The 84.1% Georgia Home Purchase Loan Approval Rate Was the 11th Lowest in the U.S.
Friday, February 25th, 2022
Home buying during the pandemic has been a story of bidding wars, housing shortages, and rapidly increasing home prices. Despite this, record low interest rates encouraged millions of buyers to take out loans for new homes. According to loan-level mortgage data from the Home Mortgage Disclosure Act (HMDA), 86.3% of 2020 applicants were approved for home purchase mortgages, with a median loan amount of $235,000.
In the second half of 2020, 30-year fixed mortgage rates fell below 3% for the first time in history and then continued to fall. Due in part to emergency actions by the Federal Reserve, 30-year rates dipped as low as 2.66% at the end of 2020. Total mortgage applications—including home purchases, home improvements, and refinancing—soared in response, increasing from 17.5 million in 2019 to 25.6 million in 2020, according to HDMA data. Conventional home purchase loan applications numbered 5.8 million in 2020, accounting for 23% of all applications. In the last few months, rates have begun to rise again, which will likely put downward pressure on both applications and home prices.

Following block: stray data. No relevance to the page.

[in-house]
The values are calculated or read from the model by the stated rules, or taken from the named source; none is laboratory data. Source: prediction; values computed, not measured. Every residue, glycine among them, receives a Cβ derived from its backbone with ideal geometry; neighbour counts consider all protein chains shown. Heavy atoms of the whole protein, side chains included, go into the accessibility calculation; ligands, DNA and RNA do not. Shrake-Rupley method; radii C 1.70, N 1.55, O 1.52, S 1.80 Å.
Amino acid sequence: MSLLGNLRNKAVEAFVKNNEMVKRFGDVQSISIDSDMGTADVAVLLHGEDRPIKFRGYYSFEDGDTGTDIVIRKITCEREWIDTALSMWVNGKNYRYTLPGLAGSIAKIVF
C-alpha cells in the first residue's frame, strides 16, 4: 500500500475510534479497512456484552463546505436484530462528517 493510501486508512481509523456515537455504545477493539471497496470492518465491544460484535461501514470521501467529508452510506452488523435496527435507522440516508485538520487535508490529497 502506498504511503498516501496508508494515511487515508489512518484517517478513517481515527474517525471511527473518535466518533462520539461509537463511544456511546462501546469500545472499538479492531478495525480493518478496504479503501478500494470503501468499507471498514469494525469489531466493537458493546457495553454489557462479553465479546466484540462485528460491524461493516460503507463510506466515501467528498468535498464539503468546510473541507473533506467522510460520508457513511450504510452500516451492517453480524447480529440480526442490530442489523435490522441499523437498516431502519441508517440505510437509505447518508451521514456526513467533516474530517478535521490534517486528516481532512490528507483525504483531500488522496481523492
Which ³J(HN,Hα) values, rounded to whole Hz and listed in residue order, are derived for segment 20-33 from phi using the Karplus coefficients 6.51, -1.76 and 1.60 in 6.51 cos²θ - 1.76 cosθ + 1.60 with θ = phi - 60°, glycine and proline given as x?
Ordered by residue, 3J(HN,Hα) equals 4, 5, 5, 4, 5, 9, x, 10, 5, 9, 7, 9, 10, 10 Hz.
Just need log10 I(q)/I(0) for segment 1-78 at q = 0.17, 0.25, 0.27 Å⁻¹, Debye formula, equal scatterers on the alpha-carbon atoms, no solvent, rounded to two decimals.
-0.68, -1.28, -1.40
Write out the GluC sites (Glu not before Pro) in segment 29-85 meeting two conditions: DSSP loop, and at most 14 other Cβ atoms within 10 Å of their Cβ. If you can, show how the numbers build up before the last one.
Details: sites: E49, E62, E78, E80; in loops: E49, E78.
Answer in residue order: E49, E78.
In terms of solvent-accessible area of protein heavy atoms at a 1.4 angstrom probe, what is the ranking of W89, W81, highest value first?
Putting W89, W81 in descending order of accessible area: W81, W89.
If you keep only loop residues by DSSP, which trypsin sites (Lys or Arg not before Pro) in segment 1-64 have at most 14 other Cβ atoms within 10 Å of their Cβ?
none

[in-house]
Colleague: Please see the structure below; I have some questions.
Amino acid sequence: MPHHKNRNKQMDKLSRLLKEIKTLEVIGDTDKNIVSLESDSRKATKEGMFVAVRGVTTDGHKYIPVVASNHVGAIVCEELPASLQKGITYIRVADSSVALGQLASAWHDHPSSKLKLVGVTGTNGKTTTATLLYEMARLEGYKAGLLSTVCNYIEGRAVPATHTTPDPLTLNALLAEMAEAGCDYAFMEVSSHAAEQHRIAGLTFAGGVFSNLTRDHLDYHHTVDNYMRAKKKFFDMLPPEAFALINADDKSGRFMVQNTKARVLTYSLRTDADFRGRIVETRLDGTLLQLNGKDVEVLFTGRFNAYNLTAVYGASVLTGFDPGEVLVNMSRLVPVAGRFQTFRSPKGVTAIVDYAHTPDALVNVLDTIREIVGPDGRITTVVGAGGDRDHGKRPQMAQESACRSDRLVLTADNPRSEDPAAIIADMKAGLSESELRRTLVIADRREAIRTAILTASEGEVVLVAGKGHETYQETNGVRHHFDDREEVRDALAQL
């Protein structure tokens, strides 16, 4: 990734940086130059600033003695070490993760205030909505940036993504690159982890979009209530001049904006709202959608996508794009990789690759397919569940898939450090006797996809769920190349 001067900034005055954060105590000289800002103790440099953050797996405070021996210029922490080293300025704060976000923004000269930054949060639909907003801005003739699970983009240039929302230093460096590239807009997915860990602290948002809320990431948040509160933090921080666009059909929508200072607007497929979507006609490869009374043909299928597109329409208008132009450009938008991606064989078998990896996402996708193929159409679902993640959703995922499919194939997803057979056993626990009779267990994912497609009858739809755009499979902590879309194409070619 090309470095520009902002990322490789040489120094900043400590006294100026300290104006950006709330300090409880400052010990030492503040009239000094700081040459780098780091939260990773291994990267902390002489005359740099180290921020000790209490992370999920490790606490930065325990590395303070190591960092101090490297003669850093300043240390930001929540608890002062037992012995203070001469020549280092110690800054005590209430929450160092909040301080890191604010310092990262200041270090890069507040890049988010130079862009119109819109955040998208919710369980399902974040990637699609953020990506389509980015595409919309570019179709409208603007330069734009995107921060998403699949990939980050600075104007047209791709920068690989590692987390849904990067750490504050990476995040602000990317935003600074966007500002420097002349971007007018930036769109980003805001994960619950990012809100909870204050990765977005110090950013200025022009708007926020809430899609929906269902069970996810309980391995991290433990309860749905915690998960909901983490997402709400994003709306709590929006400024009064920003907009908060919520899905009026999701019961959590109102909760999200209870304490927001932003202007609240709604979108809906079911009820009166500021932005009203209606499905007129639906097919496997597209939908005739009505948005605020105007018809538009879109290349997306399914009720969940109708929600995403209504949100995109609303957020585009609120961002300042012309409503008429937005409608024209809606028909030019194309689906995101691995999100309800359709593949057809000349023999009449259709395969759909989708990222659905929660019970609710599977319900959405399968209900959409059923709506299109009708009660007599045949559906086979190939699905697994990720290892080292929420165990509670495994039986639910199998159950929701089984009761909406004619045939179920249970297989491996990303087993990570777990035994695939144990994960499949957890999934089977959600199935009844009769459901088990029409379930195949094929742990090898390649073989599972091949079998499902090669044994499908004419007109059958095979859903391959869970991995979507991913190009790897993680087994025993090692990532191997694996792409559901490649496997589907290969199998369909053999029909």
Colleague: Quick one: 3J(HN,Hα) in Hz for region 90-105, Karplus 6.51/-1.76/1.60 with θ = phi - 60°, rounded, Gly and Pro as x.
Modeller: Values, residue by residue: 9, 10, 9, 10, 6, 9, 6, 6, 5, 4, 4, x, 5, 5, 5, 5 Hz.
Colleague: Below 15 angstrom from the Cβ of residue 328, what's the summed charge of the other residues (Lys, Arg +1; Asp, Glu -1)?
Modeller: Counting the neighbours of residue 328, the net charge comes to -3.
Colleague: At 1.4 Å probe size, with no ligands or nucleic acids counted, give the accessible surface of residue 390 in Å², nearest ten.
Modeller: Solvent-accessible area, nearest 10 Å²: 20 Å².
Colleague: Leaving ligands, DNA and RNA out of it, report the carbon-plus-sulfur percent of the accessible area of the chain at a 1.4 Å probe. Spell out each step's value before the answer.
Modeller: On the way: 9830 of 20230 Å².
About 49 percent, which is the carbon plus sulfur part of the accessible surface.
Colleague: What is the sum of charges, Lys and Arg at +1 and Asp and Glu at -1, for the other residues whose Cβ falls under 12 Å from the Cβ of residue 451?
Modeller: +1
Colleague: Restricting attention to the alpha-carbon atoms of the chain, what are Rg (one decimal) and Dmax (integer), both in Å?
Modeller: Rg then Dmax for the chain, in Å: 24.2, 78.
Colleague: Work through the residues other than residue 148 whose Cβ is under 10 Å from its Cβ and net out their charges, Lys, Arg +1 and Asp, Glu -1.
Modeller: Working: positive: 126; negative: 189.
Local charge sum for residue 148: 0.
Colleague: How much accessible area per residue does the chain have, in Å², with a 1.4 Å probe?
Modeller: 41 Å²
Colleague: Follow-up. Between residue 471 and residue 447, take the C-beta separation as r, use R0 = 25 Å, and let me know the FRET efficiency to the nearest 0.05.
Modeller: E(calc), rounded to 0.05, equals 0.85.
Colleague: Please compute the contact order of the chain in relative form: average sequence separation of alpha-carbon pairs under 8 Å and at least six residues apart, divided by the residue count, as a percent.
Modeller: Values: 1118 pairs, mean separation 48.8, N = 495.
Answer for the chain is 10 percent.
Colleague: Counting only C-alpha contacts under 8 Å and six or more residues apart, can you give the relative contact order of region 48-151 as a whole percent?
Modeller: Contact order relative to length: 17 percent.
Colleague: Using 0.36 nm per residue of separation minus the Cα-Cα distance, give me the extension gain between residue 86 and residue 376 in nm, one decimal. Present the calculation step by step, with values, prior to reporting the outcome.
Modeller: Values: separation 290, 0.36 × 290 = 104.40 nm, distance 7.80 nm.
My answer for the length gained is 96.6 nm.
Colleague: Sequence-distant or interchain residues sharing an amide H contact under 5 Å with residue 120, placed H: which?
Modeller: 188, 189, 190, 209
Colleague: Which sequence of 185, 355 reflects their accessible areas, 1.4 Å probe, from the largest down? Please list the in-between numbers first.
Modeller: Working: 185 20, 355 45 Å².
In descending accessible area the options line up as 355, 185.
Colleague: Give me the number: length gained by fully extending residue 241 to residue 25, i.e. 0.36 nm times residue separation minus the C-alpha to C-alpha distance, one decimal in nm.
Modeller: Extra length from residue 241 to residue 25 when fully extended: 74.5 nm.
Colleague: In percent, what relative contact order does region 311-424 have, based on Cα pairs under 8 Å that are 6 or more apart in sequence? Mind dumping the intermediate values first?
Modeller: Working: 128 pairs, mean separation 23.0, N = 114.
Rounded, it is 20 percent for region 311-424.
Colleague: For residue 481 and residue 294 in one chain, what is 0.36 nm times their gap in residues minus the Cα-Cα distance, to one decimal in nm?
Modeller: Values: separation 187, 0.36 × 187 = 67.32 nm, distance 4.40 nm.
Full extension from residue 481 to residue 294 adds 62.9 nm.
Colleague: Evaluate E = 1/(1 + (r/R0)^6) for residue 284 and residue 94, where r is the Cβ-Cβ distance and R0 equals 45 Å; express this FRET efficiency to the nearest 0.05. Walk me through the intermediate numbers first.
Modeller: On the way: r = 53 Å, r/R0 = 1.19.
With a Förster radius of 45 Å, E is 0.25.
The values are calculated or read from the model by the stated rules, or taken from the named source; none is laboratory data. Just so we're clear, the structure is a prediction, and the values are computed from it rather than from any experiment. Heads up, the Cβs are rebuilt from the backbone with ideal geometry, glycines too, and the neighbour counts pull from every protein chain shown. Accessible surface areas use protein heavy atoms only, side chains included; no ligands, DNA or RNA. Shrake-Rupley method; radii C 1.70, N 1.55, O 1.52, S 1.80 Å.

While conventional home purchase mortgage applications for single family homes increased by 6% from 2019 to 2020, to 5.8 million, multifamily loan applications declined, from 30,462 in 2019 to 25,654 in 2020. This trend reflects a growing preference for single family housing amid the COVID-19 pandemic.
Although single family loan applications are far more common, the mortgage approval rates for multifamily homes, which are more likely to be owned by investors, are higher overall. The approval rate for site-built multifamily homes was 91.6% in 2020, slightly higher than the 90.5% approval rate for site-built single family homes. With regards to manufactured housing, while loans for multifamily manufactured homes have similar approval rates as those for site-built homes, a majority of single family manufactured mortgages are denied. These applicants tend to be lower income, living in rural areas, and many do not own the underlying land.